Understanding Access Tokens and how the Twilio Voice SDK uses them
AccessTokens serve as credentials for the end clients and are the key piece that connects SDK-powered applications, Twilio, and server-side apps all together.
A basic workflow between a Client SDK and the Backend Server will be something like this:
- Your server-side application has an endpoint at http://www.example.com/token.
- Your client-side application sends a GET request to your http://www.example.com/token endpoint to retrieve an AccessToken.
- Your server-side application receives the GET request. Using a Helper Library, your application creates an AccessToken and sends it in the response to the GET request from your client-side application.
- Your client-side application receives the AccessToken and registers the SDK application with Twilio.
grants.voice.outgoing.application_sid property contains the SID for a TwiML App. A TwiML App is a Twilio Resource which holds Voice and Messaging configuration URLs much like a phone number. For a Voice SDK application, you will only need the Voice Configuration URLs.
Why would you need to extract an access token?
Since they are a crucial key in the communication, as they contain important information to initiate and have the calls made, it is important that we are able to pull it for cases in which we want to troubleshoot particular scenarios.
If you're working with Twilio Support to troubleshoot a Voice SDK issue, very often they will request an access token from your application, so it can be validated. This article shows you how you can collect and provide that access token to aid in troubleshooting.
How to Extract an Access Token from a Client Web Browser
If you've not built logging functionality into your application to print the access token, you will need to retrieve from the browser. Below you can see how to do this for the most common browsers.
Let us say, I am connecting to my Client SDK using URL:
In a Chrome Browser from Windows I can press Control + Shfit + C to go to the Inspect or Developer tools, in a Mac Computer I will do Command + Shift + C:
Once there, We need to make sure that we are recording the activity, that can be checked in the same Dev tools as it is highlighted in the image below:
After that, we can try testing making a live call, with the Network Tab open, that will display a long number of events, We can click in an "EndpointEvents" and in the Box next to the Event names we will have the possibility to visualize the Event Headers, Payload, Preview, Response, etc, We click on "Headers" as shown below:
From there we can see the Headers that are part of that POST request, and we can see the X-Twilio-Token Header that our Backend Server delivered to us.
We need to firstly enable to show the "Develop Menu", we can go with keyboard shortcut "Command - Comma" to open the Safari Settings, then we go to "Advanced" and from there we will check the box "show develop menu in menu bar"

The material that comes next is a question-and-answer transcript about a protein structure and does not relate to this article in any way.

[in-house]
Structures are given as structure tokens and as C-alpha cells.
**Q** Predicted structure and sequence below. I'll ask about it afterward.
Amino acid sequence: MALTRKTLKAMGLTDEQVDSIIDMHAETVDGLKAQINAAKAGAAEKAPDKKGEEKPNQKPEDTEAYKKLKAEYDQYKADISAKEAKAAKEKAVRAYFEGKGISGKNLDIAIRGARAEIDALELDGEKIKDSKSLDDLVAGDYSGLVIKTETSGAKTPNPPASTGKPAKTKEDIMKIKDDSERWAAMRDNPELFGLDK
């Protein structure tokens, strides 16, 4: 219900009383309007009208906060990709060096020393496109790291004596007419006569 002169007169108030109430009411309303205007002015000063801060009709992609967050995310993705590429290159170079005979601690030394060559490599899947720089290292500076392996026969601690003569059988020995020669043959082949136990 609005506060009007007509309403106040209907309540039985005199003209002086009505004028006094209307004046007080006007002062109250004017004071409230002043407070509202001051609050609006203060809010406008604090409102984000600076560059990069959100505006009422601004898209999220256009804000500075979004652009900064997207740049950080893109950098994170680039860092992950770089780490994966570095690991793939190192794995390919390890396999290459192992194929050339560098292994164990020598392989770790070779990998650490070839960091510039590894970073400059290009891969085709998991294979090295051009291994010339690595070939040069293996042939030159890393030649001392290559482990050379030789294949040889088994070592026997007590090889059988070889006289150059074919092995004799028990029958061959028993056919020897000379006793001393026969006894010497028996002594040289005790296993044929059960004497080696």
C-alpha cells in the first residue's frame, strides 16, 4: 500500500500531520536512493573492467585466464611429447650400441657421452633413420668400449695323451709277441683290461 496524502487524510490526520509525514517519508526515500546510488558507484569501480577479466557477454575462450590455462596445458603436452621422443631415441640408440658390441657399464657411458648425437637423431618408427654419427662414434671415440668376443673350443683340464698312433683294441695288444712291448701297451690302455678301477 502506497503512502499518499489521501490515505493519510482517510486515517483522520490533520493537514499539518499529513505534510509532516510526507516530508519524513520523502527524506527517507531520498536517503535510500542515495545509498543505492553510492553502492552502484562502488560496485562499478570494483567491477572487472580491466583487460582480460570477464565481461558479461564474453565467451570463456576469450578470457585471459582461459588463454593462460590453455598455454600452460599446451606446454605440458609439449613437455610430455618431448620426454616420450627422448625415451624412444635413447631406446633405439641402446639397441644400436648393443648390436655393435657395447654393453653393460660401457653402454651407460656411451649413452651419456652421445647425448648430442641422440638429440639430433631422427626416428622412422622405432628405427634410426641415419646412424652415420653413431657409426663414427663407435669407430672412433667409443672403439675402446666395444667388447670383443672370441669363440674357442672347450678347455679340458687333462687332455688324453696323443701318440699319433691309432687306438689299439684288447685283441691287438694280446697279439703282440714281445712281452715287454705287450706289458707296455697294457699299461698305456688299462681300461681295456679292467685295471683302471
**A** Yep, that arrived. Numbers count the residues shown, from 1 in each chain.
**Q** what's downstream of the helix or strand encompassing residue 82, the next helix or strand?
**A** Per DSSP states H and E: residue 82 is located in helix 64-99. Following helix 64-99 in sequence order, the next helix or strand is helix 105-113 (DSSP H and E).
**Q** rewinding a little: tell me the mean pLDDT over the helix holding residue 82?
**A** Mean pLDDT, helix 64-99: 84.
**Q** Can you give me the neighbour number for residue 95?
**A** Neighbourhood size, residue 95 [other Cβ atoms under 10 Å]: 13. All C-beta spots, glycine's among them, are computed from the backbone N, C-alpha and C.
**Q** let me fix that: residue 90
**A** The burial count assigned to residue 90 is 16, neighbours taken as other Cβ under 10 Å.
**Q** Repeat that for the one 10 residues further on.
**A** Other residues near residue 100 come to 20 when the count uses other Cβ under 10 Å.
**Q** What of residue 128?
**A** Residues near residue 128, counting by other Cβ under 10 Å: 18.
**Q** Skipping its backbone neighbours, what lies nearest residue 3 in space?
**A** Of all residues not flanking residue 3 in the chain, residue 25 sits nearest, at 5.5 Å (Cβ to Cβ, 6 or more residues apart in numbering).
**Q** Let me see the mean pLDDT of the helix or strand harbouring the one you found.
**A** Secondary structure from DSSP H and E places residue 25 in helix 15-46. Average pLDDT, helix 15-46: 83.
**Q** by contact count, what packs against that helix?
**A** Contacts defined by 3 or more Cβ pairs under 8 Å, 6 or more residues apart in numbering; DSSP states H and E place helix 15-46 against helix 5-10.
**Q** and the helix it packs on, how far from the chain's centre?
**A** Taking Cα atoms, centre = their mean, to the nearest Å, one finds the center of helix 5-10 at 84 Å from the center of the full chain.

Once activated we should be able to see the Develop Menu bar when we are in Safari, we go there and then click in "Connect Web Inspector"
In the bottom we will see the same inspection tools we had from Chrome, we then attempt another call and go to Network Tab, then we select "EndpointEvents" and go to "Headers" from there we will see the "X-Twilio-Token" header, as shown below:
From Firefox, we can do right click in the Web application client and we will click in "Inspect".
We will see the Inspect tools at the bottom of the browser and from there we do the same as before, click on Network, go to an "EndpointEvent" and then select the "Headers" that will show the "X-Twilio-Token".
Access Token structure and how to decode it
Once you've collected your access token, you can decode it at https://jwt.io/. Simply paste the full access token without any headers or spaces into the field on the left then click decode.
This is an example of a decoded Voice Access Token:
Common issues with access tokens and things to verify
Once decoded, you can verify important things like the Account SID, TwiML App SID, expiration date/time, API Key SID, Push Credential SID (for mobile SDKs), identity, and grants. If anything is malformed or mismatched, you will often see a generic connection error when trying to make or receive calls as your SDK client will be unable to register with Twilio since the access token is invalid. If you're having issues with a Voice SDK application and you're not sure why, validating your access token is the first step in troubleshooting as it can be the root cause of many symptoms. One thing to check is that the account SID, API key, TwiML App, and push credential (mobile SDKs only) are all valid and in the same account or subaccount.
Twilio Customer Support
For additional assistance troubleshooting Voice SDK issues or validating access tokens, please reach out to Twilio Customer Support with an explanation of the issue along with your access token to expedite resolution.